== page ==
Measuring the unconscious through implicit techniques is in-vogue right now, and I’ll admit that I’ve been a huge fan of them for a couple decades, ever since I got to use a tachistoscope in university. Implicit techniques are based on the premise that people’s feelings, opinions, and attitudes are often not accessible to basic awareness. You’re probably most familiar with this in terms of people not recognizing or admitting that they are sexist, racist, homophobic, or xenophobic. Or, at least, the extent to which they are —ist or —ic.
Implicit techniques often entail having people do word or image comparisons at super-high speeds. For instance, you might ask people to assign one set of 100 words (e.g., adventurous, bewildered, debonair, heroic, birthday balloons, seaside, pyramids) to a couple of brands in under a minute. A choice must be made for every single word. The reasoning behind this technique is that decisions are made too quickly for logical thought to occur. Rather, gut feelings, the unconscious mind, the reptilian brain, are the only processes being accessed.
But what about this scenario?
I KNOW I am sexist, racist, homophobic, and xenophobic. I was raised in that culture and it is embedded in me. Growing up, I saw sexism and racism all over the media and, today, I see homophobia and xenophobia all over media. At this point in my life, it would be massively hard to make that part of me disappear. Fortunately, what I can do, and what I have done, is to recognize that part of me so damn fast that it has miniscule effects on my actions. I know these biases exist in every socialized human being (ah, the innocence of babies who haven’t yet been taught to be biased!) and I actively tell myself that those feelings are wrong. I’ve actively moved the treatment of those thoughts and feelings from the unconscious to the conscious.
Which brings me to my main point. It doesn’t make sense to always and only measure the unconscious. Why? Because my actions will demonstrate a completely different story than my unconscious brain will reveal. Implicit testing may suggest that I wouldn’t be amenable to a person, brand, service, or company, but then, low and behold, there I am endorsing, using, and buying it. My biased brain is contradicting the scientifically developed prediction algorithm that says I will not open my wallet.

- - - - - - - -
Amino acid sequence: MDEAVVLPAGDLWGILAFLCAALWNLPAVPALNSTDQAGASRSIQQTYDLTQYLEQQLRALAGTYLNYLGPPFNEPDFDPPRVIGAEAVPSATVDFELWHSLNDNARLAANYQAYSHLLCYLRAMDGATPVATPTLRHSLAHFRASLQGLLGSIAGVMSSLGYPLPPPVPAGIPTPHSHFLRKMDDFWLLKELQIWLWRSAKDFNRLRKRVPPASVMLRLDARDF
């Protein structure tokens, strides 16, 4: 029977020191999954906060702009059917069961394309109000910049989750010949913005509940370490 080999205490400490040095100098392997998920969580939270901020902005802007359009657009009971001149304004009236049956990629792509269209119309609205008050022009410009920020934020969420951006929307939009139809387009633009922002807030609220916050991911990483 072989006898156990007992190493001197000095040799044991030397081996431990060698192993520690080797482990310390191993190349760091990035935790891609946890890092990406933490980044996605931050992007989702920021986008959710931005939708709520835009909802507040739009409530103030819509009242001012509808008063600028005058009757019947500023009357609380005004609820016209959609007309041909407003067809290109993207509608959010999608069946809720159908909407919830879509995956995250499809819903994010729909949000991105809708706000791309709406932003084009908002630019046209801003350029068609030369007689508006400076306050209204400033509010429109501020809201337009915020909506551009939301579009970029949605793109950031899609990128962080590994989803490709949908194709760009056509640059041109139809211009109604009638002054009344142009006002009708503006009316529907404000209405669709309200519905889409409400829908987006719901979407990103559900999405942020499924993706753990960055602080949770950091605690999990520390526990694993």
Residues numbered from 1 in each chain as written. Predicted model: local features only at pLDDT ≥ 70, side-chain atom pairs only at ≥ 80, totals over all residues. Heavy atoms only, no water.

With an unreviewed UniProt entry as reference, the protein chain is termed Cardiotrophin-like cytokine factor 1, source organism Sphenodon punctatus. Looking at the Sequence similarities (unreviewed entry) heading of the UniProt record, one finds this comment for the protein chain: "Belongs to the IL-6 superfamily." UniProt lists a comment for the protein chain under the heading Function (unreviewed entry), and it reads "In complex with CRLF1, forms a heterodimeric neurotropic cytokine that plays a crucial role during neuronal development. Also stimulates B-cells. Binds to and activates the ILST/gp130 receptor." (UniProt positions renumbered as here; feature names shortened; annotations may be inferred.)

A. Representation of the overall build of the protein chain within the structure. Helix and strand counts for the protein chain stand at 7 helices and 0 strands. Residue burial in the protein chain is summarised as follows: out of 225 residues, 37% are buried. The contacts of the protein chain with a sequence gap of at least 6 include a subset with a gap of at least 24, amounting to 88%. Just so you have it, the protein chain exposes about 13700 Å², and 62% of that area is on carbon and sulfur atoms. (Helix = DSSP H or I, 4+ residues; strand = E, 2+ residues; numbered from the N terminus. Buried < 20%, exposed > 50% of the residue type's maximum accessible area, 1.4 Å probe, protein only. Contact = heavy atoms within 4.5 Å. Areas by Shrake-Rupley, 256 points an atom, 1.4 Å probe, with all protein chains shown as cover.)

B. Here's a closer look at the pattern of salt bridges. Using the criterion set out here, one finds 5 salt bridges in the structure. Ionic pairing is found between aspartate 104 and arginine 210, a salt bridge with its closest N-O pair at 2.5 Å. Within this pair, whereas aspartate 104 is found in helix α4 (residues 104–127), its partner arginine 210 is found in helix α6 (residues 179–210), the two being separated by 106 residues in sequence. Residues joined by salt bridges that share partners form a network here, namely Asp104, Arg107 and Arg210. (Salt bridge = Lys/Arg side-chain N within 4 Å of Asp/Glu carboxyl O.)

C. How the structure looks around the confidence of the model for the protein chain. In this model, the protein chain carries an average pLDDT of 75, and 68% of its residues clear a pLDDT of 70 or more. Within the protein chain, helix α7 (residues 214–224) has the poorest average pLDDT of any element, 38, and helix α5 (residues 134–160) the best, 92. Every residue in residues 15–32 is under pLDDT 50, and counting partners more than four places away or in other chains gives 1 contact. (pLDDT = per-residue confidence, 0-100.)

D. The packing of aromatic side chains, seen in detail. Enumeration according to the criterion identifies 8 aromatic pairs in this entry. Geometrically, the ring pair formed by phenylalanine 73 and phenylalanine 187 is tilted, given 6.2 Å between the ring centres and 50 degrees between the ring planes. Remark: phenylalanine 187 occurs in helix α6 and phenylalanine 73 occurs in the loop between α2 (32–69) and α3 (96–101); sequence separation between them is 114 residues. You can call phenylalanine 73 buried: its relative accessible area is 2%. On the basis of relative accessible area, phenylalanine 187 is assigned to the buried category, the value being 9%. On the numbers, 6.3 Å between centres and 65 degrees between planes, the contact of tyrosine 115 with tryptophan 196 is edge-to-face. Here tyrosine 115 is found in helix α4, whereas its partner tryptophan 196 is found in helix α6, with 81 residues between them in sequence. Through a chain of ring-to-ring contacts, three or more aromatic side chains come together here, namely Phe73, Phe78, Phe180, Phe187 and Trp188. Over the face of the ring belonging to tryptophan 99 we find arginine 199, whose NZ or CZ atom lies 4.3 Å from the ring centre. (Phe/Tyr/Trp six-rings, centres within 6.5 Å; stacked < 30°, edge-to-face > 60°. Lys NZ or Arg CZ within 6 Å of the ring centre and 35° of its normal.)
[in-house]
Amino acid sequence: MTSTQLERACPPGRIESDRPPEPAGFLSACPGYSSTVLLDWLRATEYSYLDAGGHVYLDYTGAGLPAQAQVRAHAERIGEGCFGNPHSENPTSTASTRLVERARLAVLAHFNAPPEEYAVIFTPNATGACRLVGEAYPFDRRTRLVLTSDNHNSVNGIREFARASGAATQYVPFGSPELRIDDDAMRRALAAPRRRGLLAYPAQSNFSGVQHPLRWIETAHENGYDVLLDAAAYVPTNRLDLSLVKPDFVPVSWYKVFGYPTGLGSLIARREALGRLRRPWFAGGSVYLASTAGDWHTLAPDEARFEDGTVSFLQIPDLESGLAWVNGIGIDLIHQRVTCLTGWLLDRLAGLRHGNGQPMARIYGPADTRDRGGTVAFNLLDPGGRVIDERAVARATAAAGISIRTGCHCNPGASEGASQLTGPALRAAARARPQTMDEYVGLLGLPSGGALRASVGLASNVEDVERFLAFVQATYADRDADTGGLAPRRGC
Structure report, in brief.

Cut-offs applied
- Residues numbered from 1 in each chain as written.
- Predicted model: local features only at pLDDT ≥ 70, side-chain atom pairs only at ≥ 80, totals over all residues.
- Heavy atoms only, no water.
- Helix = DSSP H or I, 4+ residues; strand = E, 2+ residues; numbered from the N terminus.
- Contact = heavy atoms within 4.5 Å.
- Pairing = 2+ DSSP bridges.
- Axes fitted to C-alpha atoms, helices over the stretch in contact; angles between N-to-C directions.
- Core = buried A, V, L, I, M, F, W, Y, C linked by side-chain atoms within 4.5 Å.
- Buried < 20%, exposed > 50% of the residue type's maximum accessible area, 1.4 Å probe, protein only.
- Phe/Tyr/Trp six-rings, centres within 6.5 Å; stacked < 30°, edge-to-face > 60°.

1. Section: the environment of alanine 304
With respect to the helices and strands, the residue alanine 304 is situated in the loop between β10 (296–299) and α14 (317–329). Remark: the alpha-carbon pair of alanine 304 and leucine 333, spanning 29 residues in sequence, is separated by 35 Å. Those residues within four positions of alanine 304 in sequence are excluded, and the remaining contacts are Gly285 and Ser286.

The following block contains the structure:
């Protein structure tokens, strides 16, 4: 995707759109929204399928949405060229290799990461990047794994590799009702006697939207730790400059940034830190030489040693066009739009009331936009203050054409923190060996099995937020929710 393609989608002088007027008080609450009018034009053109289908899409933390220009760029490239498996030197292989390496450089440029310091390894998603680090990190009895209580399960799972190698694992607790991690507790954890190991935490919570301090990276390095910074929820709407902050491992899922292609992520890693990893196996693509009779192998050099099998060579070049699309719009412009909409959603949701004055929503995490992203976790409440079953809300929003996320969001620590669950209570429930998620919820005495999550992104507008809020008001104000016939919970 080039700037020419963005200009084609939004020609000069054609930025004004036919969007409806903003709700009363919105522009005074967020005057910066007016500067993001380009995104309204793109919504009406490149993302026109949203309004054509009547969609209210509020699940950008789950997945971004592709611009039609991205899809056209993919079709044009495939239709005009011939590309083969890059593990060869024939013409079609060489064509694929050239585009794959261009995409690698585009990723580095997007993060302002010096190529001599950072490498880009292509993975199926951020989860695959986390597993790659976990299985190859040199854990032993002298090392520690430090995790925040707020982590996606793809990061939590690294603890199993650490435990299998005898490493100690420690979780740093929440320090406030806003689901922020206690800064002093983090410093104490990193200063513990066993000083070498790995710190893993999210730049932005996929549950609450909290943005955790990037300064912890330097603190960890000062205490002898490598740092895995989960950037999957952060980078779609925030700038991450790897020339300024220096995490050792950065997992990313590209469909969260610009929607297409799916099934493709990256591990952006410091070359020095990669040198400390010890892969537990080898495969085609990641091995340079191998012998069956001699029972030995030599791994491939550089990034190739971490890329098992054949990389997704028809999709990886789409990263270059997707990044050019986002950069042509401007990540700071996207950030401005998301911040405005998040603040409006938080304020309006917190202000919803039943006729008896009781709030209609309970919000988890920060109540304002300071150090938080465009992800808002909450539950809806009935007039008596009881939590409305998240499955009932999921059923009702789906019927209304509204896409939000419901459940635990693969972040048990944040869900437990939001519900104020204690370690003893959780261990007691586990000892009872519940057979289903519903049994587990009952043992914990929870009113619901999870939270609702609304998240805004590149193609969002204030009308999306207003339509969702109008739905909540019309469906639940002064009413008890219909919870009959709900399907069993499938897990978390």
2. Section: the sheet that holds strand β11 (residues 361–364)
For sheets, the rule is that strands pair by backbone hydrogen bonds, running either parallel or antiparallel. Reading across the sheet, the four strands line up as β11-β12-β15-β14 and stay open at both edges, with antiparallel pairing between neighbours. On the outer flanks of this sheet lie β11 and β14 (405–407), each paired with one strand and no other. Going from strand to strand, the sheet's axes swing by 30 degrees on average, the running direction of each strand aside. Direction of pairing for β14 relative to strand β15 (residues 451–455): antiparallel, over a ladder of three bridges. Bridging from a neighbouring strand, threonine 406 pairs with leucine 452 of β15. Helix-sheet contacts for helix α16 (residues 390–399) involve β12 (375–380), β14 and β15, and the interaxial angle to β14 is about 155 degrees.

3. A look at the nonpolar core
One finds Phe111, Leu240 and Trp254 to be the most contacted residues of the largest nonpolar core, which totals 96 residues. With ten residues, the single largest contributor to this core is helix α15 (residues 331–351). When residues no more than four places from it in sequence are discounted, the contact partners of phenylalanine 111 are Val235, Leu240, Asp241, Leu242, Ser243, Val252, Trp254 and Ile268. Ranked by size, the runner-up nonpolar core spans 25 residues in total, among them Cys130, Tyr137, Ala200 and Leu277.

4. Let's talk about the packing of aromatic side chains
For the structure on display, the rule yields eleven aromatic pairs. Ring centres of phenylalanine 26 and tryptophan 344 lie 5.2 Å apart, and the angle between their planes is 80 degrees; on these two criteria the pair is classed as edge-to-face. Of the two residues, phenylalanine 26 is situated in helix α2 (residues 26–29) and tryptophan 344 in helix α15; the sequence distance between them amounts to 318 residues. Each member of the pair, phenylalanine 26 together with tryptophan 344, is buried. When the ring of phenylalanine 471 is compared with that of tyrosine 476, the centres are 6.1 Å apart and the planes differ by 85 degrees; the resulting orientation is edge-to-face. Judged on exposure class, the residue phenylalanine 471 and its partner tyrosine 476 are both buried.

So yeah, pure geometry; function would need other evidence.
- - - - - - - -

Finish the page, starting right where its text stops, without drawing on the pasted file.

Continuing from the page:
I hope you’ll take a couple of lessons from this.
- Never forgo implicit techniques for explicit techniques. Both are always mandatory or you will have gaps in your understandings and treatments. You need to know what biases and conscious decisions relate to your brand.
- Accept that human beings, including you, have negative biases. And that’s not a bad thing. The only bad thing is being unable to recognize and being unwilling to accept those biases.
Today, I visited a number of historical sites in Atlanta. The kind of sites that make you feel you are truly not worthy. I saw the gravesite of Margaret Mitchell, the author of Gone With the Wind. You may not know it but she worked on behalf of black people in her community and is highly respected for more than being an author. Nearby, I was honoured to see the childhood home and burial site of Martin Luther King. Few people have earned the amount of respect he has. Living and dying in the name of freedom and respect will do that. As I wandered the city from one amazing historical site to another, each one reminding me of how important it is to treat other people as worthy humans, I experienced something that I have never experienced to such a degree in my life before.
Catcalls. At least ten different men felt the need to harass me with taunts and disrespectful words as I walked by them but did not acknowledge them. Obviously, my attire was provoking that attention as I wore a knee length blue dress with socks, running shoes for maximum step counts with no blisters, and a huge sun hat because preventing skin cancer is more important than vanity.
I should note though that one single man said good afternoon to me. It’s sad that I did not reply to him. Unfortunately, I was busy worrying if he would return a polite reply with more harassment. You see, ten harassers in a row ruin it for the nice guy after them. So, to that nice man who didn’t yell at me when I didn’t return his greeting, I wish you a lovely evening.
The funny thing is, just a few days ago, I joined the #distractinglysexy movement showing off the screens of statistics I work with every day. One sexist Nobel laureate needed to be reminded that sexism is his disorder, not mine.
I’ve now learned that women can’t work without distracting men. They also can’t walk down the streets without distracting men. So what can we do?